On the Anniversary of Swami Vivekananda’s Famous Speech

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By AMITA KANEKAR

 

The Goan and Indian media recently marked the 125th anniversary of Swami Vivekananda’s celebrated speech, made in Chicago to the ‘World’s Parliament of Religions’. Now, 125 years is an odd anniversary to commemorate, but then this was no ordinary speech. It was a speech that made Vivekananda a hugely popular figure across the country – as seen by the hundreds of streets named after him – is still celebrated in school textbooks, and seen as something for all Indians to be proud of, even though it was not about India but about the Hindu religion. The fact that Vivekananda visited Goa just before making this speech has evoked some excitement here too, given the strong likelihood that the visit contributed to his ideas.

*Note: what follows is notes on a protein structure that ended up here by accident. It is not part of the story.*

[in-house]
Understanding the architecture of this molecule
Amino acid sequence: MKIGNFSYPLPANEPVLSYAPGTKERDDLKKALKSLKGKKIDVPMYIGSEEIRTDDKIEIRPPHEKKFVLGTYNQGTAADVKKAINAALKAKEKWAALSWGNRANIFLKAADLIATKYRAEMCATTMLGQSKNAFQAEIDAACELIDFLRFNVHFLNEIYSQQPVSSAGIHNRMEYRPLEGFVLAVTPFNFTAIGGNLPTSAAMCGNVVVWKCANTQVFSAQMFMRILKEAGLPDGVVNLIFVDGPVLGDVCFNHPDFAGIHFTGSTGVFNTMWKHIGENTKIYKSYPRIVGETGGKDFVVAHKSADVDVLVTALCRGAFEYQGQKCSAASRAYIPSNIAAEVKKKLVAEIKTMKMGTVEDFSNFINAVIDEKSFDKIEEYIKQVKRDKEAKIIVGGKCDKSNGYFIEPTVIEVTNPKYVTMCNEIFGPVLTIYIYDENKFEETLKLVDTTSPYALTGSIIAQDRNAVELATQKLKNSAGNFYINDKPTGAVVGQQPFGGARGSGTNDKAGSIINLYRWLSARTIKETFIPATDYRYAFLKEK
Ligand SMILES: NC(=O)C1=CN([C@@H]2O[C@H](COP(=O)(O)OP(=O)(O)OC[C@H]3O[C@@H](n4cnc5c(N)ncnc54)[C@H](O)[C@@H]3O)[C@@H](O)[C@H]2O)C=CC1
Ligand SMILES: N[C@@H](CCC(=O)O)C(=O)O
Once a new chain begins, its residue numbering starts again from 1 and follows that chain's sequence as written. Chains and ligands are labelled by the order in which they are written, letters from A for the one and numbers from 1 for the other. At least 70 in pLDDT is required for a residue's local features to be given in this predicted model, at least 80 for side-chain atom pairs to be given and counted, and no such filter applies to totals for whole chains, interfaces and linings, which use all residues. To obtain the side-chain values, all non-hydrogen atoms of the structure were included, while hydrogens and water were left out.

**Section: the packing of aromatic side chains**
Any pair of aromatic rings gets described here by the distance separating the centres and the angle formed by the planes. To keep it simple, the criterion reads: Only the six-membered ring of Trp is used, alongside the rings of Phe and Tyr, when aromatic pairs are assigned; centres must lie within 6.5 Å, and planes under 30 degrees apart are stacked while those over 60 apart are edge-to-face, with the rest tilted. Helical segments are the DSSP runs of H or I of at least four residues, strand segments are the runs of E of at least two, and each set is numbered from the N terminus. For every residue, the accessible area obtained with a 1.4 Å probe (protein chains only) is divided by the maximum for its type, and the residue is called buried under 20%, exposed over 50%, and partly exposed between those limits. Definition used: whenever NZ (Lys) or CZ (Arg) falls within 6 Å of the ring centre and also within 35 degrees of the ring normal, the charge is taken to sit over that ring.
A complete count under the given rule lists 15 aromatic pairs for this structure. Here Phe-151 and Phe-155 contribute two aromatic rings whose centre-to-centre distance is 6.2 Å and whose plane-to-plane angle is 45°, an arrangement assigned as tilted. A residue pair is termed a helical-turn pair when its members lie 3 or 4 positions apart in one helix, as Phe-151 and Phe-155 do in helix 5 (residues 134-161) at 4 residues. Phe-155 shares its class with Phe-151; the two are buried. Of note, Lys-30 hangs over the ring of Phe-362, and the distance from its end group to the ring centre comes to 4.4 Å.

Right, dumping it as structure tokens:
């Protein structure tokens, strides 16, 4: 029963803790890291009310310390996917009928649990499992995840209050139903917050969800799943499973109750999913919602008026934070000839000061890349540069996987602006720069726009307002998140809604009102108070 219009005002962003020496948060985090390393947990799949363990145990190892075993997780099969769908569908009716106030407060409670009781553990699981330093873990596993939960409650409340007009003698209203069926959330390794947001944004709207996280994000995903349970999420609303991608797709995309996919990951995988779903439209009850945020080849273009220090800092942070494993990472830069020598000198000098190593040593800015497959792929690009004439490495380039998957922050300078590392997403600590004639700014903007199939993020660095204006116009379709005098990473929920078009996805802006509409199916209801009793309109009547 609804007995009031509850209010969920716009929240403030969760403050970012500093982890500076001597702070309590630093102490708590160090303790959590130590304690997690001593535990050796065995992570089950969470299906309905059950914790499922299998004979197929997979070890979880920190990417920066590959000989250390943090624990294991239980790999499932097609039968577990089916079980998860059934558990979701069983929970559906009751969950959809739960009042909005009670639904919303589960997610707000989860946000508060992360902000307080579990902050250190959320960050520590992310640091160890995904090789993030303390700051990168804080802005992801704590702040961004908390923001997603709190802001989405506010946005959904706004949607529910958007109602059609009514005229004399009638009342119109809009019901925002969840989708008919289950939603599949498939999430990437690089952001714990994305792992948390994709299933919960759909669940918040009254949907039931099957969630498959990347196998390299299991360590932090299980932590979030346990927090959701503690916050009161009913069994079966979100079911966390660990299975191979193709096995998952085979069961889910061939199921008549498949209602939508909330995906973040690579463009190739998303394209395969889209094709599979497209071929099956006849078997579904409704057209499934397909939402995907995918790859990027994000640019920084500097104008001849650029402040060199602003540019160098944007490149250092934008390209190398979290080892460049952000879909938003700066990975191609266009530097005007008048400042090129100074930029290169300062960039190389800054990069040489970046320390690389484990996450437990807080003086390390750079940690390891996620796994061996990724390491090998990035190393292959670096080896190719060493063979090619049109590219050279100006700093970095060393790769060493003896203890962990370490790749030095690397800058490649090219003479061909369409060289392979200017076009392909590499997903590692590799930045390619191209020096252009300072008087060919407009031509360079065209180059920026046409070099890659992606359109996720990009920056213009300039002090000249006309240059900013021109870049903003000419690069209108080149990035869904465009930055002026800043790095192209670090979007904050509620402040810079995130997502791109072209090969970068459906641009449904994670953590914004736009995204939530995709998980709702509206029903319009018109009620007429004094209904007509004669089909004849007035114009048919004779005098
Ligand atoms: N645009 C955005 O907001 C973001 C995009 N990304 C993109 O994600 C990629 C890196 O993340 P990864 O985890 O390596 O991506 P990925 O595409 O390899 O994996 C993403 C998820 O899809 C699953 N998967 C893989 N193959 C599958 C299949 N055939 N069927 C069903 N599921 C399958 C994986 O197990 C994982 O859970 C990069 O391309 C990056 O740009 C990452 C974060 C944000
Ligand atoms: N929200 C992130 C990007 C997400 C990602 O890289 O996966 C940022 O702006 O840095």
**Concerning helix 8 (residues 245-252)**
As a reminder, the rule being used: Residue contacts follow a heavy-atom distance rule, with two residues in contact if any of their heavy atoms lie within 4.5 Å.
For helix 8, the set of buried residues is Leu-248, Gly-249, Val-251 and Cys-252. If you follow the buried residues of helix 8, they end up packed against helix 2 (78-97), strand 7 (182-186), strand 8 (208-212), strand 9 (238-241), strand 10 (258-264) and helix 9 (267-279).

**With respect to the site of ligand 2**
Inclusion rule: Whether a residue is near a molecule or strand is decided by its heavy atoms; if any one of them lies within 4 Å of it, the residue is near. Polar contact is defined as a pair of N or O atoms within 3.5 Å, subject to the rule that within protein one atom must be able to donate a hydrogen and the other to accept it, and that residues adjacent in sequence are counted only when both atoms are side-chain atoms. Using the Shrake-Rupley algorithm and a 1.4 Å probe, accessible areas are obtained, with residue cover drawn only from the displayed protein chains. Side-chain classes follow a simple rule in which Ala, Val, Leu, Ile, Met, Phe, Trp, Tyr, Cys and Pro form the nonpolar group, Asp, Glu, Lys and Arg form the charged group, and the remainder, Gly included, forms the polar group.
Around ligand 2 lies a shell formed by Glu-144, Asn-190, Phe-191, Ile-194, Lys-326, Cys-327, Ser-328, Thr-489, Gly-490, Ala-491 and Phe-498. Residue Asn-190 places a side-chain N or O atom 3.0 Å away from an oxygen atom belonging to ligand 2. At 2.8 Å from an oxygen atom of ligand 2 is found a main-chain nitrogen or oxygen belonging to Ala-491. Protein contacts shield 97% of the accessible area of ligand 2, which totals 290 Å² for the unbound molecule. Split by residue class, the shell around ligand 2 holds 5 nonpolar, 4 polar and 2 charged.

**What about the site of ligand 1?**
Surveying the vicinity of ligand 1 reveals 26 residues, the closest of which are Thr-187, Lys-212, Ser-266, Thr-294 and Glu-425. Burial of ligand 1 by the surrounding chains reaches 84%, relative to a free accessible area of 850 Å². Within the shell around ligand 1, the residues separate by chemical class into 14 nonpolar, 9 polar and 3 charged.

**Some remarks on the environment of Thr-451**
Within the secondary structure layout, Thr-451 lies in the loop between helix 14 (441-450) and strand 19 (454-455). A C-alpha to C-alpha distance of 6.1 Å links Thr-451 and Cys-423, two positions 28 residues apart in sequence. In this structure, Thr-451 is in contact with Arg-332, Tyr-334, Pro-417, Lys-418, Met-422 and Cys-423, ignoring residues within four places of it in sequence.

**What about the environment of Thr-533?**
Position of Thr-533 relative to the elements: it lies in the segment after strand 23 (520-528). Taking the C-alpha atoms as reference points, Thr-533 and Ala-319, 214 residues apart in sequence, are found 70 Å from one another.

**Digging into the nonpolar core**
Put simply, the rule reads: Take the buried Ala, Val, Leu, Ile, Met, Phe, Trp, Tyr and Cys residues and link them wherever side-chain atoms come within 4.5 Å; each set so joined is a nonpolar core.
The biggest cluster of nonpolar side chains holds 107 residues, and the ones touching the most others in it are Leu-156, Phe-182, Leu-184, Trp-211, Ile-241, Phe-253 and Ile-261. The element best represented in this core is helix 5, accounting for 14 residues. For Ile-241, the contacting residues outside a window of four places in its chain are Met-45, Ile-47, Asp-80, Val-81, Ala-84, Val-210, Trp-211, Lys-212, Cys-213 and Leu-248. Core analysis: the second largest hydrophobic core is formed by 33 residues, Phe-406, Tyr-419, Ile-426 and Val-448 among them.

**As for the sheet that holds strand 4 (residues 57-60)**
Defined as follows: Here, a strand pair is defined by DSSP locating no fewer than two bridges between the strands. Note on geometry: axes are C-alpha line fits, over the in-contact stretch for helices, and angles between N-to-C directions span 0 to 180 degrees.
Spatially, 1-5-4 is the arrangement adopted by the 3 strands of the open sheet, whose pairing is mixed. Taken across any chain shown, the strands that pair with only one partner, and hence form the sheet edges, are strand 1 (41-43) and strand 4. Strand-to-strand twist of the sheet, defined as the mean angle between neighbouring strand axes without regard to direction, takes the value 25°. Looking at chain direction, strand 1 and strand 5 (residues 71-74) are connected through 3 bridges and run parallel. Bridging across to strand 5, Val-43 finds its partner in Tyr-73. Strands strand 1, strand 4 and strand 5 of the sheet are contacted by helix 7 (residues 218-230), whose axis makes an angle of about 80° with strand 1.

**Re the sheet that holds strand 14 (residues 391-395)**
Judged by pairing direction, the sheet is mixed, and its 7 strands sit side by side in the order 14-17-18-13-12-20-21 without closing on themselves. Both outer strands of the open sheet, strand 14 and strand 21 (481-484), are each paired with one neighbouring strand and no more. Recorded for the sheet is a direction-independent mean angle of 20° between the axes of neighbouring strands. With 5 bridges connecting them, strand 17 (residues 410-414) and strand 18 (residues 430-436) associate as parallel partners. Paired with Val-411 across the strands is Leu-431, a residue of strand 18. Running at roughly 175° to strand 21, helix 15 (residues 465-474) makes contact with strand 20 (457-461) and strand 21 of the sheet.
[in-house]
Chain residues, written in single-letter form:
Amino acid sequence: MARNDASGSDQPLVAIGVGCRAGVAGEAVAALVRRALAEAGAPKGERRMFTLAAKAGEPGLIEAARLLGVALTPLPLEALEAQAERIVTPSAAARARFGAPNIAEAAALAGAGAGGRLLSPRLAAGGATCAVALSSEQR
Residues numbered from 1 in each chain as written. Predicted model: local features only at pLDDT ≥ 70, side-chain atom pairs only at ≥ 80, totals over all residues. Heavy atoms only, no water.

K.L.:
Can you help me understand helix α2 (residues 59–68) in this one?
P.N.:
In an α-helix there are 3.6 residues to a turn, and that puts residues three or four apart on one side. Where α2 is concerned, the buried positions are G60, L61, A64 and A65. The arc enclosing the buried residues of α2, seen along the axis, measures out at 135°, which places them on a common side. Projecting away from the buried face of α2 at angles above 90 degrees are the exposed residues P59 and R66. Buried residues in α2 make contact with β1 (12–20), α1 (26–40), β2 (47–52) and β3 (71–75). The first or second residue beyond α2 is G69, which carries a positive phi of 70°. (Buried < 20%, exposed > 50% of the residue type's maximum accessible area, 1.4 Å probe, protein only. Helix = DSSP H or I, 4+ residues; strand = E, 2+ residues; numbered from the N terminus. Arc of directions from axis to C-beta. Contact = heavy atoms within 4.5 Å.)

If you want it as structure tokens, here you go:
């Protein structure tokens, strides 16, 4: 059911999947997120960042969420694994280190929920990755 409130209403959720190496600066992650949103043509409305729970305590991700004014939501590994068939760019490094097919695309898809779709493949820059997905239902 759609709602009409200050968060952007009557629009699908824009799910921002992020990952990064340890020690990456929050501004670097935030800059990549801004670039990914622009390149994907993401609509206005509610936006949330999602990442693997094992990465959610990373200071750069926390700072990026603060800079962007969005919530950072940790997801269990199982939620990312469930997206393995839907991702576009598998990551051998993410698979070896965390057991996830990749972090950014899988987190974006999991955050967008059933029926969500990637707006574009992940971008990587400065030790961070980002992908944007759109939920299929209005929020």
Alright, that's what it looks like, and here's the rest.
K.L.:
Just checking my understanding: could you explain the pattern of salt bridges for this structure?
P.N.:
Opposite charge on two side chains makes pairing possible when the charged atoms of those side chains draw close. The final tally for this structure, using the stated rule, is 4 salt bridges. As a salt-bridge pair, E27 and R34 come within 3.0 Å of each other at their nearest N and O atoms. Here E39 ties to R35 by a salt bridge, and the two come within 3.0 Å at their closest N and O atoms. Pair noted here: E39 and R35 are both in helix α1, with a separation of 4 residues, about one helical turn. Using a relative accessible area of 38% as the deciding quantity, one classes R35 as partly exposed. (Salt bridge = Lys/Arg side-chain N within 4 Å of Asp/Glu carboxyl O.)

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Caste wins the Gold Medal

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By AMITA KANEKAR

 

What is Indian culture? In a Marathi television soap-opera that I happened to be watching the other day, one Brahmin character talks to another about the importance of sanskaar (culture, or values); one of the examples offered of this sanskaar is having a bai (domestic worker) to wash your clothes, instead of a washing machine. It was a surprisingly accurate presentation of the Brahmanical understanding of culture—everybody in their traditional (i.e. caste-decided) and lowly-paid place.

 

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